Behind the Buds, Volume 2: Clearing up Calls


Back in 2011, when we were the new, handsome and dashing kids on the block, the main function of a headphone was to "make sound" (preferably "sound good"). Fast forward to 2020 and the spec has increased wildly. Now it’s: "sound good, make calls, last all-day and contain tiny omnipotent Siri/Google-genie" - and that’s just the basic model. Technology has changed, life has changed, headphones have changed.

In Volume 1 of Behind the Buds, we discussed the challenges in designing true wireless earbuds for all of life's needs. In this volume we are focusing on call quality, specifically: eliminating background noise from phone/video calls. So how do we remove: "CAN YOU HEAR ME? I CAN HEAR YOU CAN YOU HEAR ME? THERE’S A BIT OF NOISE. CAN YOU MAYBE GO TO THE WINDOW?" from your life?

Block out the world

The first thing we can do is design something that blocks out as much noise as possible; physically cutting off the outside world from what you’re listening to. Both passive and active noise cancellation earbuds do this in a variety of ways – enjoy a non-disgusting tour around the inner ear here.

But this doesn’t solve the problem for other people who can hear your audio – namely your parents/partners/offspring/internet connectivity engineer on the other end of the phone-line. If you’ve got a good noise-isolating fit, often the person you’re talking to will know better than you what the traffic’s like outside your house or what TV show your colleagues are discussing or what your flatmates are arguing about – because your call microphone is telling them everything.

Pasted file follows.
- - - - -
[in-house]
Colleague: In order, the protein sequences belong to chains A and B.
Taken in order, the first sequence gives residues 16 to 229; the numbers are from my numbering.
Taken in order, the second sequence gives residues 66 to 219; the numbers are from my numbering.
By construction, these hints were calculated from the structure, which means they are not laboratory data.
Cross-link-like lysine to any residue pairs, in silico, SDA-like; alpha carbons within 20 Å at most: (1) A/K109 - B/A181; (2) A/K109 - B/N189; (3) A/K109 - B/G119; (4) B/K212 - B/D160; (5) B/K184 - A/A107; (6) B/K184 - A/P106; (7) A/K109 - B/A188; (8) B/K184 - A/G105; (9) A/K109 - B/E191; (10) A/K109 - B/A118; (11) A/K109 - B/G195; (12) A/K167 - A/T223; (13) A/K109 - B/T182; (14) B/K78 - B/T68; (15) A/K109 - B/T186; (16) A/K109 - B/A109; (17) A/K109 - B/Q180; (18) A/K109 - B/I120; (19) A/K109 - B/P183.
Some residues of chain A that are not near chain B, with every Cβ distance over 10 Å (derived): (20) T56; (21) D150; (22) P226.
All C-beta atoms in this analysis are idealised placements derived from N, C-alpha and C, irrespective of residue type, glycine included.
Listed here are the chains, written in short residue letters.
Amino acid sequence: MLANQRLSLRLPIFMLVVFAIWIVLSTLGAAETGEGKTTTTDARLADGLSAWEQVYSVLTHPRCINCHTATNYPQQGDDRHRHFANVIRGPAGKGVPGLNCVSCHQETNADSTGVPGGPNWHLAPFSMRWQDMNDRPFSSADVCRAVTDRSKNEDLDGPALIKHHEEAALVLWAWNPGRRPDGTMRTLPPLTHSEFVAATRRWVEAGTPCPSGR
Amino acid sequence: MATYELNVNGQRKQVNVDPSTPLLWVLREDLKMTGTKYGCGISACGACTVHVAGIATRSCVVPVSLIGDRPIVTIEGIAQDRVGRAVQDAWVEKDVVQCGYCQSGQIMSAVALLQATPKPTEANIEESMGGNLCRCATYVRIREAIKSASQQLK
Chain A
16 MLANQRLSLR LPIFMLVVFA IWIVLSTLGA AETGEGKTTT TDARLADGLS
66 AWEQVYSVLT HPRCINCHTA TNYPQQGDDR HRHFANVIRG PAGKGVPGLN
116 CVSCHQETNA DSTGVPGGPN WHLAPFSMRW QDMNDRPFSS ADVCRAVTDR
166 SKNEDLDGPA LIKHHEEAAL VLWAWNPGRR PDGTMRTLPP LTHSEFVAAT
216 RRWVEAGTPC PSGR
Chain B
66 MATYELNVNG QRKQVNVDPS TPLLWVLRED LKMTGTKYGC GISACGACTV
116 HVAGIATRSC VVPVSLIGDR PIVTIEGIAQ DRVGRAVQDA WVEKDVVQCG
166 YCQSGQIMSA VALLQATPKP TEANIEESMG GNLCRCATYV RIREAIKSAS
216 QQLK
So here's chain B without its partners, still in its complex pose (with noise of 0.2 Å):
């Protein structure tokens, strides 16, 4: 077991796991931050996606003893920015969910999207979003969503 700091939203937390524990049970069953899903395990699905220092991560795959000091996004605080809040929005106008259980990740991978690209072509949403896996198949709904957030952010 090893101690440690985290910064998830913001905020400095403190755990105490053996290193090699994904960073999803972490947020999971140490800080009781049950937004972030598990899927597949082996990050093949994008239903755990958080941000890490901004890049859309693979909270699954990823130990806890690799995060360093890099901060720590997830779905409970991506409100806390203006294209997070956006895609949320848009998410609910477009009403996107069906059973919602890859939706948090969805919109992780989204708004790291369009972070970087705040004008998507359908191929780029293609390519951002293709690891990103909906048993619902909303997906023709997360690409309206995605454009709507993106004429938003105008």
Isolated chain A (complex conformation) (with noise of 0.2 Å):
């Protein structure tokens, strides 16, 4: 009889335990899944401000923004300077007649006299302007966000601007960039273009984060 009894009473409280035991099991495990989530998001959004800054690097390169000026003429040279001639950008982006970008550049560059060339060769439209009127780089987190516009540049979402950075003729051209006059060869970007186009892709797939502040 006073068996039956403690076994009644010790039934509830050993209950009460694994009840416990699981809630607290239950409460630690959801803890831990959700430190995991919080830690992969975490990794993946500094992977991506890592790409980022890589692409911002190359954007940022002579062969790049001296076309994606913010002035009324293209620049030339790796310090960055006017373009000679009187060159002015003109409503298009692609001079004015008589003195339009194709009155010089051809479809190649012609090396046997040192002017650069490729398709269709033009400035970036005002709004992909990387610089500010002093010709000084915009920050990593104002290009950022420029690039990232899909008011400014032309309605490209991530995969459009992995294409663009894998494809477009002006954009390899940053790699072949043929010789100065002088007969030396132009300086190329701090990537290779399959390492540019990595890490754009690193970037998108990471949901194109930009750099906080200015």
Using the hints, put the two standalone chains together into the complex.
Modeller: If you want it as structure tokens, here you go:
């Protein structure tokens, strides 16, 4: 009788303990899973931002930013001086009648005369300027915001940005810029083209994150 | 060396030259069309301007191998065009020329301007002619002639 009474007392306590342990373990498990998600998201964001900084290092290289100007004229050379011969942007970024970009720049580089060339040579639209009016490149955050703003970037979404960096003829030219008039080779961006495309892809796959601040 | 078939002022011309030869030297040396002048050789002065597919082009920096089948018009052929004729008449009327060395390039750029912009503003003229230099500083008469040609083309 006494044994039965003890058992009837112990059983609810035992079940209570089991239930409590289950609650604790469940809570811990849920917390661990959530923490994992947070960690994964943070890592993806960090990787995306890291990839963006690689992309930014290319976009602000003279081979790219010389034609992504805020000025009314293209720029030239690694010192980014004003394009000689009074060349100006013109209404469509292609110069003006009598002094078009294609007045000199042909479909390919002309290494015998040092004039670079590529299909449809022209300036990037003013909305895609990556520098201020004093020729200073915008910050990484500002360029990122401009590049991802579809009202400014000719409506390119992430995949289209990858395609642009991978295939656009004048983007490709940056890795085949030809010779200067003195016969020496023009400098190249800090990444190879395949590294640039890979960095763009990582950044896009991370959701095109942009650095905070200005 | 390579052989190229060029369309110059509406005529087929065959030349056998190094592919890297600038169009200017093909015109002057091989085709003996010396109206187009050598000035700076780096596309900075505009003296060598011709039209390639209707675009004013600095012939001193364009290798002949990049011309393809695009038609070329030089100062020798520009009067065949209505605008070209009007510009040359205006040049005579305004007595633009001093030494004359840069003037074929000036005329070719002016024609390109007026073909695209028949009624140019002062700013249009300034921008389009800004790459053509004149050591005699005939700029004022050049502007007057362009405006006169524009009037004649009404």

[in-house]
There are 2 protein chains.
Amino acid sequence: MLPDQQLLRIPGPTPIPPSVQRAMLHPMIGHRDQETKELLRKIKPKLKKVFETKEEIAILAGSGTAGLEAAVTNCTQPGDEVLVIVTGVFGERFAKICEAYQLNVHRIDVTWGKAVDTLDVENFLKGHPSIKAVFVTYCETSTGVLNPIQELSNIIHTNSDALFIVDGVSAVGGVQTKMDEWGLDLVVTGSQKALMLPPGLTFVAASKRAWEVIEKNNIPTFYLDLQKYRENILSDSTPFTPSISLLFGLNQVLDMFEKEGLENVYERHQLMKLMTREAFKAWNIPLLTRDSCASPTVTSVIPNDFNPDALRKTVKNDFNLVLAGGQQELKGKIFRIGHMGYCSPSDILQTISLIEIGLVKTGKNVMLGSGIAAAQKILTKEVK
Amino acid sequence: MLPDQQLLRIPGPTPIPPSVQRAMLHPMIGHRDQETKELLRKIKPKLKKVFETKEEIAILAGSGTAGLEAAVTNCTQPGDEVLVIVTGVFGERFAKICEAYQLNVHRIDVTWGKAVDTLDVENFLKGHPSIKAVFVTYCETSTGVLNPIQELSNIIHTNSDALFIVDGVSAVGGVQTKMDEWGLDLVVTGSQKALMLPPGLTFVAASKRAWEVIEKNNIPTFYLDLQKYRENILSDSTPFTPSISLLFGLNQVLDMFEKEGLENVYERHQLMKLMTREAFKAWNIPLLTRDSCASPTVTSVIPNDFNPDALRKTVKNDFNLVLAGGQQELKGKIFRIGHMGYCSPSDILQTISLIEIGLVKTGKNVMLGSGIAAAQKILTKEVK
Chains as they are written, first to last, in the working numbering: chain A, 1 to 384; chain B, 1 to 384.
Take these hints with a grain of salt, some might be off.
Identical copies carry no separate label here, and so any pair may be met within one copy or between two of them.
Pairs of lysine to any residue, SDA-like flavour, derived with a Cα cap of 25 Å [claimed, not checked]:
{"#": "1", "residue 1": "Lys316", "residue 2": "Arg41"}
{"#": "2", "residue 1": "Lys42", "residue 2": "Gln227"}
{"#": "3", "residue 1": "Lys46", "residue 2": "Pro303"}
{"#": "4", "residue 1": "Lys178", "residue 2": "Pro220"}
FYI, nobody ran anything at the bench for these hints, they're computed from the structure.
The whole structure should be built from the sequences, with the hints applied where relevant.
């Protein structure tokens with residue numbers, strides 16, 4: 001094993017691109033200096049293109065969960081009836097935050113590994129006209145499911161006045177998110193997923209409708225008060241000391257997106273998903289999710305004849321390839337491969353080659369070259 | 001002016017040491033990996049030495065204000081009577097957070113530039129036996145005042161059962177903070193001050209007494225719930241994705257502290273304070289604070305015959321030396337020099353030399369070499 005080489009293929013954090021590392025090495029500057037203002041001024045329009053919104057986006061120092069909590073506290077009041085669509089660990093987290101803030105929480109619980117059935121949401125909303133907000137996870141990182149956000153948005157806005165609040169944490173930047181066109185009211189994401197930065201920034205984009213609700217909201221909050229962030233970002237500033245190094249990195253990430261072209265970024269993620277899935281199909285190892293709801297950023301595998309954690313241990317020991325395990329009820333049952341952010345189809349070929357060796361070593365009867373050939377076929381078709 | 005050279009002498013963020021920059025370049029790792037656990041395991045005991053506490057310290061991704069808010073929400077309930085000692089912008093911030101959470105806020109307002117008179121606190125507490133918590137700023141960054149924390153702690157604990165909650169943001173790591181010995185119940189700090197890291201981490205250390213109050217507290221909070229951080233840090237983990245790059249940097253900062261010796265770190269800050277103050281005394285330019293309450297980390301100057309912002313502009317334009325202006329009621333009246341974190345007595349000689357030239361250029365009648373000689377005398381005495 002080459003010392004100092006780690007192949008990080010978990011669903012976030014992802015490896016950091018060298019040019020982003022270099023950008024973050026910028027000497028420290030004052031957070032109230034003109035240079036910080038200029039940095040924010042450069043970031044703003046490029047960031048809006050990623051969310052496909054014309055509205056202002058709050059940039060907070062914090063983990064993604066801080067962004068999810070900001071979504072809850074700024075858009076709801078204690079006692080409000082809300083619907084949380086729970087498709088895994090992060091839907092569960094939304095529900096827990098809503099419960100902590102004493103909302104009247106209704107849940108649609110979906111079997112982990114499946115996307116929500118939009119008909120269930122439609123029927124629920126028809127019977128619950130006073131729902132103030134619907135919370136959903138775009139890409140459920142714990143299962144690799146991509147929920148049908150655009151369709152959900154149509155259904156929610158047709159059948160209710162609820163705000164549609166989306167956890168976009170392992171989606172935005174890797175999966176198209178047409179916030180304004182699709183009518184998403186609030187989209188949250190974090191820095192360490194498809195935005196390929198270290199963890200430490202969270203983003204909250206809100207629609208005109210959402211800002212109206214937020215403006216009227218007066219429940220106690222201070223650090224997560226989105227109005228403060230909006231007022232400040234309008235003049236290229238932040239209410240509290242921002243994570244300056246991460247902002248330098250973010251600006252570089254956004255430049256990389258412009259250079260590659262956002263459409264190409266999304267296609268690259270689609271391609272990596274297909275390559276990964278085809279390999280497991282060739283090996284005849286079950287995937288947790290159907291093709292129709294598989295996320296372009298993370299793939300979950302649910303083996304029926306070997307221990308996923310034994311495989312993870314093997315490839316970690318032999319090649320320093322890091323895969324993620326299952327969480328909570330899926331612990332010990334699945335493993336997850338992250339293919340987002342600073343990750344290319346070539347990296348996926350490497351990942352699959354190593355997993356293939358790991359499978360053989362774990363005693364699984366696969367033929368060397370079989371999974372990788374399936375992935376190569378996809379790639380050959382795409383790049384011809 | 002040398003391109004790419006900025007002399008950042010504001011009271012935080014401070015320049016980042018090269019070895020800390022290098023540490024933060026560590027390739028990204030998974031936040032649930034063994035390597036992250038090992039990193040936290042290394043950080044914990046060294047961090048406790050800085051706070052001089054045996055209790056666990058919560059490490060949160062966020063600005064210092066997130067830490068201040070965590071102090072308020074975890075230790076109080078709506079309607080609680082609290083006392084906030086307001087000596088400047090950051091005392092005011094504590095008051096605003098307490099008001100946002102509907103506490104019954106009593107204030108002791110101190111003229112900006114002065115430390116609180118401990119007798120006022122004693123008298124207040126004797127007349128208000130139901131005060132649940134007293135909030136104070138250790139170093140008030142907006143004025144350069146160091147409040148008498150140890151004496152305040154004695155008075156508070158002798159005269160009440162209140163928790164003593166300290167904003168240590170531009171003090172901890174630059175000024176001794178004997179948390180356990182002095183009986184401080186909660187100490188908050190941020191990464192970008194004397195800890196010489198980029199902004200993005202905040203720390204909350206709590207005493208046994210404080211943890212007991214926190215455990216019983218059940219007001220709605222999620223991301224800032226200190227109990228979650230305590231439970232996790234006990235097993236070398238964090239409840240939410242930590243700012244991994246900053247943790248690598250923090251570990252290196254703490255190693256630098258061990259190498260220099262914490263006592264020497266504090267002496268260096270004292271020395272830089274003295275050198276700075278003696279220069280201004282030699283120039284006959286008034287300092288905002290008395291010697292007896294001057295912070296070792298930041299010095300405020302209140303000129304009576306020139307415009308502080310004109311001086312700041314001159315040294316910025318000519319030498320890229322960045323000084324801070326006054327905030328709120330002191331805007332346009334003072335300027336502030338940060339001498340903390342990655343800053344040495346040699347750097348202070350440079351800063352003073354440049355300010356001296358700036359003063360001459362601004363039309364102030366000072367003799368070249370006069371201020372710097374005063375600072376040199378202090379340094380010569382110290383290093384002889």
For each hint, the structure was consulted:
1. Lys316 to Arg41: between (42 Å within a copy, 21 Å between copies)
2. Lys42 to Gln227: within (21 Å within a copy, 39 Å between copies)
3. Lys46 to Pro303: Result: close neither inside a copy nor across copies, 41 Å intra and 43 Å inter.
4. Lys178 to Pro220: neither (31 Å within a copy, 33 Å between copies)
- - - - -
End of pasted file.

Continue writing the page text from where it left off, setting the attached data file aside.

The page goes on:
With wired headphones, there were a few things you could do to cut down on noise. For example our microphones are located more or less exactly in line with the mouth of an average human head (or your head, which we’re sure is a lot more beautiful than average), and are oriented towards the mouth, cutting wind noise right down.

Mix out the world

However, with the rise of Bluetooth headphones, there are more advanced methods. Even the most basic true wireless earbuds are a feat of design and engineering; all components that you’d find in any wireless headphone, including over-ear cans, are combined and positioned inside a housing about half the size of pack of chewing gum (or a thimble, or whatever else your standard unit of "this is really small" measurement is). They’re positioned in a way where the complex electronic processes: Bluetooth receiver, decoder, audio driver, microphones, flux capacitor, encoder, transmitter to the other earbud, quantum strangler (most of those were real) don’t interfere with the signal from your phone. If you showed it to someone in the year 1960 – hell, if you showed it to someone in 2010 – you might be burned as a witch (or a spy).

To cut down on background noise in calls, we added noise cancelling microphones to that bundle. Basically these are mics that face out into the wider world; towards your cats, kids, cars or Karen from accounting. They record and remove those sounds from your calls. You can (optionally) think of it as a simple sum:

(Your voice + outside noise) – outside noise = Your voice

It’s very similar to the tech you see in ANC headphones – and it’s for the benefit of the person on the other end of the phone line; so you can consider it a good deed for the day.

So there you have it, the RHA guide to making headphones capable of crystal clear calls!

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